Artist activists and straight allies Derrick Procell ( singer and music producer ) and Grammy-winner Terry Abrahamson ( song writer ) met each in the one of the most unlikely places, the jingle business. This occurred years ago during Chicago's reign as America's jingle capital.
"I was introduced to Derrick since it was suggested to me that he had the perfect voice for a song I was working on for Snap on Tools. He recorded it and we stayed in touch after that," said Abrahamson. "I had this business where I was making party videos for people and we collaborated on some songs for those parties. About three years ago, we started writing real music together."
"My experience with Terry as an artist activist started when he asked me to sing his Randy Newman meets Ray Charles song 'Lakefront Liberals.' About three years ago we wrote our very first song together, called "I Will Be Your Leather," which isn't what the title sounds like. It's about protection and being there for someone that you love," said Procell. "That began one of the most fruitful and creative periods of my career. When Terry gives me lyrics I am struck by where these lyrics are going to take me musically and we've never hit a sour note in our entire time collaborating with each other. Usually what my first instincts tell me to do with his lyrics are right on the money."
Their recent collaboration, "50 Shades of Gay," came to fruition when Abrahamson heard about, of course, 50 Shades of Grey. Abrahamson explained that this was a great opportunity to do a celebratory song that is inclusionary and addresses the rainbow umbrella, so to speak. Procell noted that the song is a cross between Elton John and the Village People.
"For whatever reason the song fills a void/vacuum. In a whimsical inclusionary way it celebrates the LGBTQ world. I feel that there is a lot of potential with this song," said Abrahamson. "We're old rockers. We're not dance club guys so this song has more of a rock-n-roll feel to it with a driving beat and we did this so it can be played in bars, the radio and at LGBTQ events. We look at this song as a marriage of rock and the rainbow."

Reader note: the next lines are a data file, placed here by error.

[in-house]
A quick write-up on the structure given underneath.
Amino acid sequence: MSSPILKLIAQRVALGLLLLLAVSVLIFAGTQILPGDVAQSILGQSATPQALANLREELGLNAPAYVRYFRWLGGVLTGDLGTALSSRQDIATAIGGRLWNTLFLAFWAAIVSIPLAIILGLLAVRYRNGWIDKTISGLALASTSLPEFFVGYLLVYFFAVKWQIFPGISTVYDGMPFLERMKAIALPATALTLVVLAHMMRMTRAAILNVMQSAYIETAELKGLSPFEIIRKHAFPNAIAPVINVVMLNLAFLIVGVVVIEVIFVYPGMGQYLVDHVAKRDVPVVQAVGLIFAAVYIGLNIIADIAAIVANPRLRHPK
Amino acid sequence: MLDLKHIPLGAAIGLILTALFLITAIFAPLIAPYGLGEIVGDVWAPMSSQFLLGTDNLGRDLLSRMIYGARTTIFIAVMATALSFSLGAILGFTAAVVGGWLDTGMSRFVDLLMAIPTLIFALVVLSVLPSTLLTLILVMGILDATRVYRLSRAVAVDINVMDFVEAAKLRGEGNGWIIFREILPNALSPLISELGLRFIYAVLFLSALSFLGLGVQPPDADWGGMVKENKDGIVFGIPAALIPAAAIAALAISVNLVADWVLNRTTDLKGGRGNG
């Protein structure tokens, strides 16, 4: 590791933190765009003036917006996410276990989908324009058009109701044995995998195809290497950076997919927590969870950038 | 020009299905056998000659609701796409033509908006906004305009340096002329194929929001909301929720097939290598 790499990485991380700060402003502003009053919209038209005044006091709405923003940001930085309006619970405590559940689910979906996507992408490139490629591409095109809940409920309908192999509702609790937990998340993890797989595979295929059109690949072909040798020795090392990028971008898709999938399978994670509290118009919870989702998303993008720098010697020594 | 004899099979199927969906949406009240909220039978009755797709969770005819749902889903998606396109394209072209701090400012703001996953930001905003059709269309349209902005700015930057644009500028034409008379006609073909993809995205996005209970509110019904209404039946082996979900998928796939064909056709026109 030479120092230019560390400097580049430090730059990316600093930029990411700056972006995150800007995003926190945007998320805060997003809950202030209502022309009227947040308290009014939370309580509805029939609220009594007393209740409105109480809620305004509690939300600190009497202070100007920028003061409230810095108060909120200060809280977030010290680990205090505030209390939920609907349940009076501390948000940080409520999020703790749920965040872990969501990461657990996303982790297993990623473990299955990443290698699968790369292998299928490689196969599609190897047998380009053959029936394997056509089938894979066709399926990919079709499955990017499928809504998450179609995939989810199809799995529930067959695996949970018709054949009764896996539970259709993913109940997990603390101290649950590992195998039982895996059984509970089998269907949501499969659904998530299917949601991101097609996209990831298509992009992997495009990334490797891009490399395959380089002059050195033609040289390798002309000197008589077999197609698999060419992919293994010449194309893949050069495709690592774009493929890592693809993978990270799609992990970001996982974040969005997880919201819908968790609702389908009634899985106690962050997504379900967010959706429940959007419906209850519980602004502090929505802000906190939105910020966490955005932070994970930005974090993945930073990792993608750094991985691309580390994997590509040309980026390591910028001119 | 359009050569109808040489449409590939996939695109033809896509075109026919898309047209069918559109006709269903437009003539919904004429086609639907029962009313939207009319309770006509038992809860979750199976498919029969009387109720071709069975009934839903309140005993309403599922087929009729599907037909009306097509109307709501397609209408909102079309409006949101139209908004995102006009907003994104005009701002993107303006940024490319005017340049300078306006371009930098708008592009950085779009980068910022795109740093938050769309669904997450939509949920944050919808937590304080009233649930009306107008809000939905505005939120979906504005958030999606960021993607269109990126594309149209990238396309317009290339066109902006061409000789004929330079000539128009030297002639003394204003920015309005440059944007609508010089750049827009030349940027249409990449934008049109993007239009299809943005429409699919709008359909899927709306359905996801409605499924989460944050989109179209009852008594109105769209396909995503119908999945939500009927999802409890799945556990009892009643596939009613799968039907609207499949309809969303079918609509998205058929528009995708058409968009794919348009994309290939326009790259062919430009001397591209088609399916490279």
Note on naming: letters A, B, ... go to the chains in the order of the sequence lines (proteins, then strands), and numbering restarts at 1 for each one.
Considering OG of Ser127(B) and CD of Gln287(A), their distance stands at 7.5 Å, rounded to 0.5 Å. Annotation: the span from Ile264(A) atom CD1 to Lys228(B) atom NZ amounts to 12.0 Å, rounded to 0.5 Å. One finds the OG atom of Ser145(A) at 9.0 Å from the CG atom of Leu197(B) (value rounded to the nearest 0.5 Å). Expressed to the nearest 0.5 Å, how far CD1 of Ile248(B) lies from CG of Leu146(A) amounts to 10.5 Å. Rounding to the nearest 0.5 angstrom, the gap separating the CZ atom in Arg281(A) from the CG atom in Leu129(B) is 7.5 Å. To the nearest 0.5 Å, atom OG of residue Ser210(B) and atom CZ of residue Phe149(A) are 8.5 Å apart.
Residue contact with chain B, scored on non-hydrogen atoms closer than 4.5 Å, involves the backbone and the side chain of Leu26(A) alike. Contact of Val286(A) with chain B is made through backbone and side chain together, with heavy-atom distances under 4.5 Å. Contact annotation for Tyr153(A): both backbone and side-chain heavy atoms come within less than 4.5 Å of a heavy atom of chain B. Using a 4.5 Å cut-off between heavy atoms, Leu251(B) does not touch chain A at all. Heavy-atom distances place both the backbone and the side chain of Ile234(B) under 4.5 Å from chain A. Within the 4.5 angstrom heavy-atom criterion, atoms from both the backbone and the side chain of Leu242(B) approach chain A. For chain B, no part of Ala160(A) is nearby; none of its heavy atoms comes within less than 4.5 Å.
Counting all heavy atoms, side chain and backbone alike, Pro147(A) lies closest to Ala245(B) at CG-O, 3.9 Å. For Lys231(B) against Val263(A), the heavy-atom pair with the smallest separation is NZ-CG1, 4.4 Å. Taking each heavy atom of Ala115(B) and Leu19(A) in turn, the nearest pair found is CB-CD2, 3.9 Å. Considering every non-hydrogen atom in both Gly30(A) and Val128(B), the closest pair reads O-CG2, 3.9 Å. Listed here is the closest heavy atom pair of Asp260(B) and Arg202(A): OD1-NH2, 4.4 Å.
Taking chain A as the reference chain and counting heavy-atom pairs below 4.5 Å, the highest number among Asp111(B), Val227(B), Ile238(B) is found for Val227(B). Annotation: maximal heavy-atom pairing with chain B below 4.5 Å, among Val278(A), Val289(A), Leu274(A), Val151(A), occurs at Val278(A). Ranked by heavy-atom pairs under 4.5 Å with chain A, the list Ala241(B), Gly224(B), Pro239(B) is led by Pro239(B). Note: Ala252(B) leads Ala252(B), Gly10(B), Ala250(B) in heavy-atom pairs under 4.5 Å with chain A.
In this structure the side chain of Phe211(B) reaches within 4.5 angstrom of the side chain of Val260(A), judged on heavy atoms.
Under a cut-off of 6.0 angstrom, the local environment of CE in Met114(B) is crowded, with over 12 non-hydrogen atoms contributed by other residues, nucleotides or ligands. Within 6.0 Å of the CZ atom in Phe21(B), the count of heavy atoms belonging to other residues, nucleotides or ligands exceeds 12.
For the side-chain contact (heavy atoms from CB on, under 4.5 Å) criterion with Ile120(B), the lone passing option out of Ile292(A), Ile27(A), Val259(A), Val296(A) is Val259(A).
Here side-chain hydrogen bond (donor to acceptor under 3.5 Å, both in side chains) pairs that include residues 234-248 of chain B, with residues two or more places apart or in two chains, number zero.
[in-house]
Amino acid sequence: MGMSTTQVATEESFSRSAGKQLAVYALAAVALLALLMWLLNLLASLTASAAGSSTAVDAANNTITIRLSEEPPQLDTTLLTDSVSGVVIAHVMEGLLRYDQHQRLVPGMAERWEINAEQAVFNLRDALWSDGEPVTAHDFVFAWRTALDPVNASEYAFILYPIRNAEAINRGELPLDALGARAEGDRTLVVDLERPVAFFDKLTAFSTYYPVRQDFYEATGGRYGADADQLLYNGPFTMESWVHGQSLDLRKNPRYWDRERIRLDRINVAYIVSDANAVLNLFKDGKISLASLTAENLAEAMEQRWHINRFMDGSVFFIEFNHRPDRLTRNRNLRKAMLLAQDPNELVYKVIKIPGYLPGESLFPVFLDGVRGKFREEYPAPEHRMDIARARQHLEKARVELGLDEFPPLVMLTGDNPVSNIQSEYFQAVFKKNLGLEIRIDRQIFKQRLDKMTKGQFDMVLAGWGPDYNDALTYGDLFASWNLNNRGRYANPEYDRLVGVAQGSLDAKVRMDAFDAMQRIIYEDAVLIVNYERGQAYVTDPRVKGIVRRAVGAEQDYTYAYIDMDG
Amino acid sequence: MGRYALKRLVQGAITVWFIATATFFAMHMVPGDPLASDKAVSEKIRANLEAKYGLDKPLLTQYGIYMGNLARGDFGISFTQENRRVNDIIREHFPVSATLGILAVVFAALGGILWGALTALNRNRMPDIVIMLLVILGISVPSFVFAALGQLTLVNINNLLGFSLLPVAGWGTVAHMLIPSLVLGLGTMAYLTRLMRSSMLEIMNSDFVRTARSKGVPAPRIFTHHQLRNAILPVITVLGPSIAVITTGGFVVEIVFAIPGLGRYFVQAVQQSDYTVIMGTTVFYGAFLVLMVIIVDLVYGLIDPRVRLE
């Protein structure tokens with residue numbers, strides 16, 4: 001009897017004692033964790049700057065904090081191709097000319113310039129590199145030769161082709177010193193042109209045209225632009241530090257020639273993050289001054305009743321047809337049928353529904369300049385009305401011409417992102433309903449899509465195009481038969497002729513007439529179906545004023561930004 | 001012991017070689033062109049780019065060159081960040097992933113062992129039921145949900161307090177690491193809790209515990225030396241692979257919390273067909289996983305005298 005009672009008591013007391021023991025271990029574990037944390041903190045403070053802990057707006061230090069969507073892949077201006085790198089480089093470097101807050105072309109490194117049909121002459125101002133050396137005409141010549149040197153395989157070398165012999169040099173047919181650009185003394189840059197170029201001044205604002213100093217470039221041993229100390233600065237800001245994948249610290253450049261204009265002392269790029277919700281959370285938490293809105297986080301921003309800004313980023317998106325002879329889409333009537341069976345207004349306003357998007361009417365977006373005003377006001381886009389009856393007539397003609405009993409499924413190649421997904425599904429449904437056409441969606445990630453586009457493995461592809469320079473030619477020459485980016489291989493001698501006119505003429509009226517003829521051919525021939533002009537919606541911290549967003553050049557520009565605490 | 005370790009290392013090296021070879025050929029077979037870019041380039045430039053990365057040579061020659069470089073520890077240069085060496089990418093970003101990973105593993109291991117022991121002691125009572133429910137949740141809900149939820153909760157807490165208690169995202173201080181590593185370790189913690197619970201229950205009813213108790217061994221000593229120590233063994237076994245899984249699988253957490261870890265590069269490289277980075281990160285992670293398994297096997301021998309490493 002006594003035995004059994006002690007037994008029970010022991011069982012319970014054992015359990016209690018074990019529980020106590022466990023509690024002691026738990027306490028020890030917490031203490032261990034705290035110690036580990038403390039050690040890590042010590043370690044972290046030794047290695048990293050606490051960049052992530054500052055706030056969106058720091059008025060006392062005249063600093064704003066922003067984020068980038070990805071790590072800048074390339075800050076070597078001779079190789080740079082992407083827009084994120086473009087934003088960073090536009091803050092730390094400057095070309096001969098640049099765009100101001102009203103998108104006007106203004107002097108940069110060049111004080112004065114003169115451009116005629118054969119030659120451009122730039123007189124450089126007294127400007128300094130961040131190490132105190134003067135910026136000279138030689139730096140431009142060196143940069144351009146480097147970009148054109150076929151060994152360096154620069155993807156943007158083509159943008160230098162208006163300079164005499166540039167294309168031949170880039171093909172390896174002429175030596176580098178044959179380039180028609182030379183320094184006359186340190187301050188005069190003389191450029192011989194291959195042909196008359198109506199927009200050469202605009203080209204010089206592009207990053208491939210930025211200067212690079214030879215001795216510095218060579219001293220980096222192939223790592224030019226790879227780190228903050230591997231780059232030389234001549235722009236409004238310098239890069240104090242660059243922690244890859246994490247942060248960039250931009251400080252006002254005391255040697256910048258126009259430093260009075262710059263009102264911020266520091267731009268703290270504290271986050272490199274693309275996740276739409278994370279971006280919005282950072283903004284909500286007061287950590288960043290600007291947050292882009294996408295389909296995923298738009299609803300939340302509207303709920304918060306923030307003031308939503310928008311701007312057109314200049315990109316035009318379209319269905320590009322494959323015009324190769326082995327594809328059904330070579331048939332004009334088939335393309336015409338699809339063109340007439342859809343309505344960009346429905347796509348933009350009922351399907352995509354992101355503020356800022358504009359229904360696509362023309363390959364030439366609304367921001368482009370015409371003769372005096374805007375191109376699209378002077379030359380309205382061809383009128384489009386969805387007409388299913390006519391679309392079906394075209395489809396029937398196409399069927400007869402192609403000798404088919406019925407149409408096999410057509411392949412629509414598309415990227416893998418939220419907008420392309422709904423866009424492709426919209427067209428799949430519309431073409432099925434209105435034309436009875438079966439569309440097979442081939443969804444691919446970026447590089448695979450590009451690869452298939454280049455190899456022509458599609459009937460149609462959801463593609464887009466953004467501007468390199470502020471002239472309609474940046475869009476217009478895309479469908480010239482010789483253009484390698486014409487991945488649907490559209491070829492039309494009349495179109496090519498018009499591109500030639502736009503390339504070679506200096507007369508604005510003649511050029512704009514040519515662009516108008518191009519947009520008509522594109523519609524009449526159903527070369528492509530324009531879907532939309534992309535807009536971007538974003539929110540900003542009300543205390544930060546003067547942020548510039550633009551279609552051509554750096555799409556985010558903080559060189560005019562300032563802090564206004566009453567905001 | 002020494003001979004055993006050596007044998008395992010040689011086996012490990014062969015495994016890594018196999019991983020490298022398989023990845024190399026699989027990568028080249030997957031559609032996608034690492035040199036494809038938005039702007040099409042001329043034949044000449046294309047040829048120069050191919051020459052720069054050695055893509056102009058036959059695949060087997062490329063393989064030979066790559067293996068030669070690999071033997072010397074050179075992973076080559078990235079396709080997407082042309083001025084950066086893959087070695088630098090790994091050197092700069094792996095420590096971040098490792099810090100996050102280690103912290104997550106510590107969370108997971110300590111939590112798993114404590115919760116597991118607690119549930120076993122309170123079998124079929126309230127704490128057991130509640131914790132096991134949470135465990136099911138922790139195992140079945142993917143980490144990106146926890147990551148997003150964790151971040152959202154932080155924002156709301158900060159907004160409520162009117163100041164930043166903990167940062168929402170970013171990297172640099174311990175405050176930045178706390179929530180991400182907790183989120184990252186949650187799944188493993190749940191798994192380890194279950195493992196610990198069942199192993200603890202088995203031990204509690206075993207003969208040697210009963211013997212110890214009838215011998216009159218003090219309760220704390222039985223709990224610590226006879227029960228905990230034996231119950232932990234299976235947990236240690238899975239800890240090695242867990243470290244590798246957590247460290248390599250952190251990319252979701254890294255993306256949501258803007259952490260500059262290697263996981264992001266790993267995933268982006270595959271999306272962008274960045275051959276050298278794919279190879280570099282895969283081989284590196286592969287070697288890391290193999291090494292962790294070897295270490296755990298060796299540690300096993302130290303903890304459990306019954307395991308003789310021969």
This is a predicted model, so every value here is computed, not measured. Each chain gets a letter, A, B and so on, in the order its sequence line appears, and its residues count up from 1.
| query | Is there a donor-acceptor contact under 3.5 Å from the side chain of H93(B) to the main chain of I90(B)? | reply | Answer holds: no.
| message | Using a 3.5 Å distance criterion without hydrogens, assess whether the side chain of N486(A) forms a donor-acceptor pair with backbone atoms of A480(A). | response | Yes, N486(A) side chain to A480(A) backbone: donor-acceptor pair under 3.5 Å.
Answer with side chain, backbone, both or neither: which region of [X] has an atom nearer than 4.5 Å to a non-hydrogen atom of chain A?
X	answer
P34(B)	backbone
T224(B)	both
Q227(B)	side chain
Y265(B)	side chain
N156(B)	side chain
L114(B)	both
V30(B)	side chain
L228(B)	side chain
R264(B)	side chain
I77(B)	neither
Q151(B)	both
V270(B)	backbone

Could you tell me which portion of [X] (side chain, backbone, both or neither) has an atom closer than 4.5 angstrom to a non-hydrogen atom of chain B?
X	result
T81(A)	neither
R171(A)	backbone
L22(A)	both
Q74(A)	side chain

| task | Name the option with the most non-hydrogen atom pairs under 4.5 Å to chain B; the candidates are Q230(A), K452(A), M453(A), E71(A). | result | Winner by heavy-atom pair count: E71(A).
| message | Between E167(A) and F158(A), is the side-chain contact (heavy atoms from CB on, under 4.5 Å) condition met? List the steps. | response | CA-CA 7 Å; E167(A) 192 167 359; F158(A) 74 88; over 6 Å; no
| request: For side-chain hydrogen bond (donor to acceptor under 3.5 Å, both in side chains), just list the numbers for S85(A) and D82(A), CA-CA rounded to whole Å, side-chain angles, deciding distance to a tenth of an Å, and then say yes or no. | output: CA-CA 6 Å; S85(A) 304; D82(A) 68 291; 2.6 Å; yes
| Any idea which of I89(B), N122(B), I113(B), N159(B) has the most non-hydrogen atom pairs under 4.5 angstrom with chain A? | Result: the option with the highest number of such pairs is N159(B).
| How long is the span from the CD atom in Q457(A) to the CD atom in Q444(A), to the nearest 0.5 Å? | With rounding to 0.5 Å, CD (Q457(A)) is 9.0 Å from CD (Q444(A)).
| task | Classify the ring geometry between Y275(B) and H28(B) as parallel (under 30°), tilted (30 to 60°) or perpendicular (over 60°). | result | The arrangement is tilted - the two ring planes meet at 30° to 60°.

"I knew the song had to have an immediate accessibility. More than anything else we wanted this song to be a celebration," said Procell. "Someone asked us why we put in allusions to Stonewall and we told them that it's a part of the history and it's not good to walk around with rose colored glasses on and say that it's been all fun and games. I think the fact that we do acknowledge the more difficult time that the LGBTQ community had and still has with some still having to live in the shadows has made the celebration that much sweeter."
After Procell recorded "50 Shades of Gay," Abrahamson decided to create a video showcasing people from two distinct placesNorth Halsted Street in Chicago during Pride Week and the Pride Parade and in Provincetown, Massachusetts. The video ( which Abrahamson shot with his iPhone 5 during the summer of 2014 ) featured 157 people from all walks of life. It was edited by Jerry Donahue at Metro Space Media in Glenview, Illinois.
"What was interesting is if you look at the video most of the younger people and people of color where the people I found on North Halsted Street and the older people/couples were in Provincetown," said Abrahamson. "It all blends together really well and everyone who participated was excited to be a part of the video. They love the song and would like it to be played on a larger scale."
Psychologists are using the video as a self-esteem enhancement tool in therapy sessions with LGBTQ patients.
Procell noted that the song has had tremendously positive feedback from the likes of Chef Art Smith and Neil Patrick Harris.